Mark Gastineau's name comes up, and the mind starts scrolling through the

memories. The long hair and sack dances have slowly faded away, replaced by

images of the former Jets defensive star in handcuffs or before a judge,

involved in another embarrassing act of violence.

Gastineau, trying to end the missteps that have tarnished his career,

admitted through his publicist yesterday that he used anabolic steroids for his

entire NFL career. The 43-year-old former player blamed the muscle-building

drug for his violent outbursts away from the field, including several instances

of domestic violence.

"I blame no one but myself for using steroids over the years," said

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Gastineau, who checked into the Hope Christian Center in the Bronx on May 1.

"Steroids are very, very damaging drugs and cause lots of damage to your body,

both physically and mentally." Gastineau made the admission in a statement

released by his publicist, Mike Paul. The news release also said Gastineau has

become a born-again Christian, and that he has "turned to God to help me turn

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my life around." He is receiving treatment for anger management and addiction

to painkillers and diet pills and is being evaluated for possible alcohol

addiction, Paul said.

It was the first time Gastineau linked steroid use to his litany of violent

acts. Paul said Gastineau told him he started using the performance-enhancing

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drugs "as soon as he got to college and throughout his pro career." Gastineau

attended East Central Oklahoma and played for the Jets from 1979-88, leading

the league with an NFL-record 22 sacks in 1984.

"I just know every year he'd come back and I'd clock him in unbelievable

times," said Hofstra football coach Joe Gardi, who was the Jets' defensive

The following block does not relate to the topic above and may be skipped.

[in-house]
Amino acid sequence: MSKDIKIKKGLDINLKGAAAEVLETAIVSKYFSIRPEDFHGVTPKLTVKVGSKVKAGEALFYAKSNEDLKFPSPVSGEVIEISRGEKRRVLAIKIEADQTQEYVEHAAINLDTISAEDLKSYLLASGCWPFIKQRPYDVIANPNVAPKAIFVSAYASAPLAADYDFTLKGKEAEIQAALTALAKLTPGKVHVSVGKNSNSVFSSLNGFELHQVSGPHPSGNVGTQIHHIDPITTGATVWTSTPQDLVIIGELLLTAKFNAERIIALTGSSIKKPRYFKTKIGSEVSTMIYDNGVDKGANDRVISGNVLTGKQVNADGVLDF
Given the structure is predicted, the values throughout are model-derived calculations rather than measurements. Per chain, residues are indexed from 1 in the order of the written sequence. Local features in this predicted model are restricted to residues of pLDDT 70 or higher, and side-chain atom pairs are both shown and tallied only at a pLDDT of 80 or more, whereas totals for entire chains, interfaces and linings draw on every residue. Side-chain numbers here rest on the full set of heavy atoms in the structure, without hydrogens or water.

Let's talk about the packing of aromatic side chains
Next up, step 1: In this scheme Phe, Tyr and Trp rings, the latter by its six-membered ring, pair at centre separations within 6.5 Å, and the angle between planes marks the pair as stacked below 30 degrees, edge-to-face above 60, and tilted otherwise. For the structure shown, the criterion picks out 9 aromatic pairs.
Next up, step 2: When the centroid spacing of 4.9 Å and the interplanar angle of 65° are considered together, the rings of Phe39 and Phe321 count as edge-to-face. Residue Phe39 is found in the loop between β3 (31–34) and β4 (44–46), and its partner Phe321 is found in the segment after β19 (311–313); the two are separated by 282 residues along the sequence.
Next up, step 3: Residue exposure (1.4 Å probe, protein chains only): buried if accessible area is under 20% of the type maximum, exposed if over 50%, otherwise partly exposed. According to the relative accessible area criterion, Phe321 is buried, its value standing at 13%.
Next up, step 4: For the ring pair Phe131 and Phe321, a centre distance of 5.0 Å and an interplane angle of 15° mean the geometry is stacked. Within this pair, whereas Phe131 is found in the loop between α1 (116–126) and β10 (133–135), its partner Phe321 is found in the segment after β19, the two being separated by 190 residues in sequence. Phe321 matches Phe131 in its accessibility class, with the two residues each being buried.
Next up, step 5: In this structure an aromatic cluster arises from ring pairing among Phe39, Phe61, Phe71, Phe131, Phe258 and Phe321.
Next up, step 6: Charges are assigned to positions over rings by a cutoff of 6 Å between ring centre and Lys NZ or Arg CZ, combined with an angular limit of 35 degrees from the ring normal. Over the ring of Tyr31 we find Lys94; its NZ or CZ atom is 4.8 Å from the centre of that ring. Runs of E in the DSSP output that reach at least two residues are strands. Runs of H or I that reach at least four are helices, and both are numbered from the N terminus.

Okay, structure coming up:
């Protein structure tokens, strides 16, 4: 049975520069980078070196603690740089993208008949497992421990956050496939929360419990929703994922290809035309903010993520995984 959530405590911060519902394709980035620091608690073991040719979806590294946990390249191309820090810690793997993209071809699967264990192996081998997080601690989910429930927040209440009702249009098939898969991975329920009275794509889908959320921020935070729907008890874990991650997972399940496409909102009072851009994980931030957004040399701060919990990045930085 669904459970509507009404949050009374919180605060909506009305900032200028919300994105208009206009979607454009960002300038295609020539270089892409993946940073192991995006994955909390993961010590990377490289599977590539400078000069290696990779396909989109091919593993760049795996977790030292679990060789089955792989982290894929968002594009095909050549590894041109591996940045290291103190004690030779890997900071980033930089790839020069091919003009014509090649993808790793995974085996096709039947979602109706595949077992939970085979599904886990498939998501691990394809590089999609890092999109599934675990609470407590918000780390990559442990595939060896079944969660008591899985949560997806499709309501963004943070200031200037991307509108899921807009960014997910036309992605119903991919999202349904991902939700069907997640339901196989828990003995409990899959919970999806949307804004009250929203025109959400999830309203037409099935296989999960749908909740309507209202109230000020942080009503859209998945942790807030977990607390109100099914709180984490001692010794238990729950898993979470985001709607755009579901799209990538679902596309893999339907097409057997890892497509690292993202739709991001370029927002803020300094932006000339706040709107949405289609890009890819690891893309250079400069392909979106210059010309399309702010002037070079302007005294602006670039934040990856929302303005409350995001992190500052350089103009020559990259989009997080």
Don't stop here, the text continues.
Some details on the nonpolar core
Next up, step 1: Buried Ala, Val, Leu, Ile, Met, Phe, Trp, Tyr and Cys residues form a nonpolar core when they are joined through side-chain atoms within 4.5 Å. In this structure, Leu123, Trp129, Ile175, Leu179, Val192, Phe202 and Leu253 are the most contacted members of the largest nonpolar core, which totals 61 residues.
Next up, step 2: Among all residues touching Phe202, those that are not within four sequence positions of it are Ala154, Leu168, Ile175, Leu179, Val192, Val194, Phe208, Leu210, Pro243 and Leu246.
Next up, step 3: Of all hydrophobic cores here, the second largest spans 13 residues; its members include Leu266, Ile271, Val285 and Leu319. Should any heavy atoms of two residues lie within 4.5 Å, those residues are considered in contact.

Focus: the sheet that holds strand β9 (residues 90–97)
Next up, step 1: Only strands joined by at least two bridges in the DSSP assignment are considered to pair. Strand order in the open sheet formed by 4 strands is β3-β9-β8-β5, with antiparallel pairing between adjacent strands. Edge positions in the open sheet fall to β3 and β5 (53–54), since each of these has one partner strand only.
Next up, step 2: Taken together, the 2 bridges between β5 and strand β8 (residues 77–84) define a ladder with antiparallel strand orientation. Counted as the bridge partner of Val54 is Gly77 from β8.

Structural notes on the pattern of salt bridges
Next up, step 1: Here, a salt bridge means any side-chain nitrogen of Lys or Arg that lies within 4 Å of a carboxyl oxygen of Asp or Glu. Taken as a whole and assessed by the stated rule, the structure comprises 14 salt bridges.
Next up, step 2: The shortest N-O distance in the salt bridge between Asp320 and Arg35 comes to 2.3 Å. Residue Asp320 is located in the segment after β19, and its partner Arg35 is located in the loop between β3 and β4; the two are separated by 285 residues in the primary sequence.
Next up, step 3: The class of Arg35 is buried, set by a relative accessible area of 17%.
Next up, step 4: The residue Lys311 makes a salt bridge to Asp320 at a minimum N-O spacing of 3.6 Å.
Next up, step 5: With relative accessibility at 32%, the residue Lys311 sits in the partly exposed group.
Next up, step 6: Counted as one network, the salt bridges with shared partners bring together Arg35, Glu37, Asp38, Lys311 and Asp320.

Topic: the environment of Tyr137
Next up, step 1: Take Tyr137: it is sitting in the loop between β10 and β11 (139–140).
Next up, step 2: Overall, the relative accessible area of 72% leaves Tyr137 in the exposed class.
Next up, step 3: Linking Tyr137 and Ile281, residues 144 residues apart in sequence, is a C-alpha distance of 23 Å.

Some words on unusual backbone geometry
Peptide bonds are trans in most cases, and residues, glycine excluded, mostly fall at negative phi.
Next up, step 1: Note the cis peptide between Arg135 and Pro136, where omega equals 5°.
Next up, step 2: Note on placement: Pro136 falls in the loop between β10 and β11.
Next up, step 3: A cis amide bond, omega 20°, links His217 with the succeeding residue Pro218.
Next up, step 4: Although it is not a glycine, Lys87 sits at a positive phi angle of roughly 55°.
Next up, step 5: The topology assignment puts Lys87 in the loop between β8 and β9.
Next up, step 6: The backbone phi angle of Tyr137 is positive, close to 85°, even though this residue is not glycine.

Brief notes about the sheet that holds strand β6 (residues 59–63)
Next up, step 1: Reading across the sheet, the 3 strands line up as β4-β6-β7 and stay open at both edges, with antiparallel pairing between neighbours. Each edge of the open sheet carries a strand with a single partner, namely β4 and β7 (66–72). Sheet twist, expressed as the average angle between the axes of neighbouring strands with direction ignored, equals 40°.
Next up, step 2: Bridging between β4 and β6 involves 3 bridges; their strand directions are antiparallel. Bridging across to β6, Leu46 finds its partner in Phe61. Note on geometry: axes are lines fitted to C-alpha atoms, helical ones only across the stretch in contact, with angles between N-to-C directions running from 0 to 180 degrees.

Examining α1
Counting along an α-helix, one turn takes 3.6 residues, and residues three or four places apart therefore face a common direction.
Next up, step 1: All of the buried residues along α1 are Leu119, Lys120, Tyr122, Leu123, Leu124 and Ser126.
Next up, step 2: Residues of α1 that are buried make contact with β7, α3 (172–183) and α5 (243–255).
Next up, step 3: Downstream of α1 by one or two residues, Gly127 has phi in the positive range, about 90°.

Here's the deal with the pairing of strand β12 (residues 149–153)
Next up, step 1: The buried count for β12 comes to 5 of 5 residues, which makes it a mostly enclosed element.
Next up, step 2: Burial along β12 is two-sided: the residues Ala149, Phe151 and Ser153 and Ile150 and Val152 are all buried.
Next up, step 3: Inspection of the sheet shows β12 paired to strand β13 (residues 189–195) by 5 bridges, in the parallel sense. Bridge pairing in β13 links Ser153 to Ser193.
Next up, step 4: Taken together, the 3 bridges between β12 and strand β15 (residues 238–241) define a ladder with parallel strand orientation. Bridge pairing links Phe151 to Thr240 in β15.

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coordinator for much of Gastineau's career. But Gardi said, "Coaches didn't

know the warning signs of steroid use back then . . . it wasn't an issue in

those days. We weren't as learned as we are today. It was something that wasn't

a big deal. I mean, you didn't know about it as a coach."

Gastineau was in court last week for a follow-up appearance after being

found guilty of harassing his former wife in June, 1999, one of several

domestic violence charges he's faced. A judge recently gave him the choice

between going to rehab or jail, Paul said.

"He's saying the guy who was doing those dances during those years is not

the Mark Gastineau you would meet today, and definitely not the Mark Gastineau

you'd meet when he's done with this program," Paul said. "That was 'Steroid

Mark.' When he comes out, you're going to meet 'Clean Mark.'"

Gastineau told Paul he hasn't taken steroids since his football career

ended, so it is unclear what role the drugs played in his violent history since

then. "The steroid use, he feels, led him to being addicted to what he's

addicted to now-painkillers as well as diet pills," Paul said.

"The painkillers were mainly for headaches that were excruciating headaches

he called migraines, just intense pain," Paul said. "The diet pills started

with playing and wanting to be quicker, faster. He was not only taking

steroids, but at the same time he was wanting to be thin and quick."

Gastineau's defense attorney, Richard Davis, said the former player "is now

totally committed to making positive change." Gastineau will not be available

for comment while at the rehab center, where he plans to live for one year. He

is due back in court June 14, and the center will update the court on his

progress.

"It's not going to happen overnight," Paul said. "It's going to take a long

time to get where wants to be."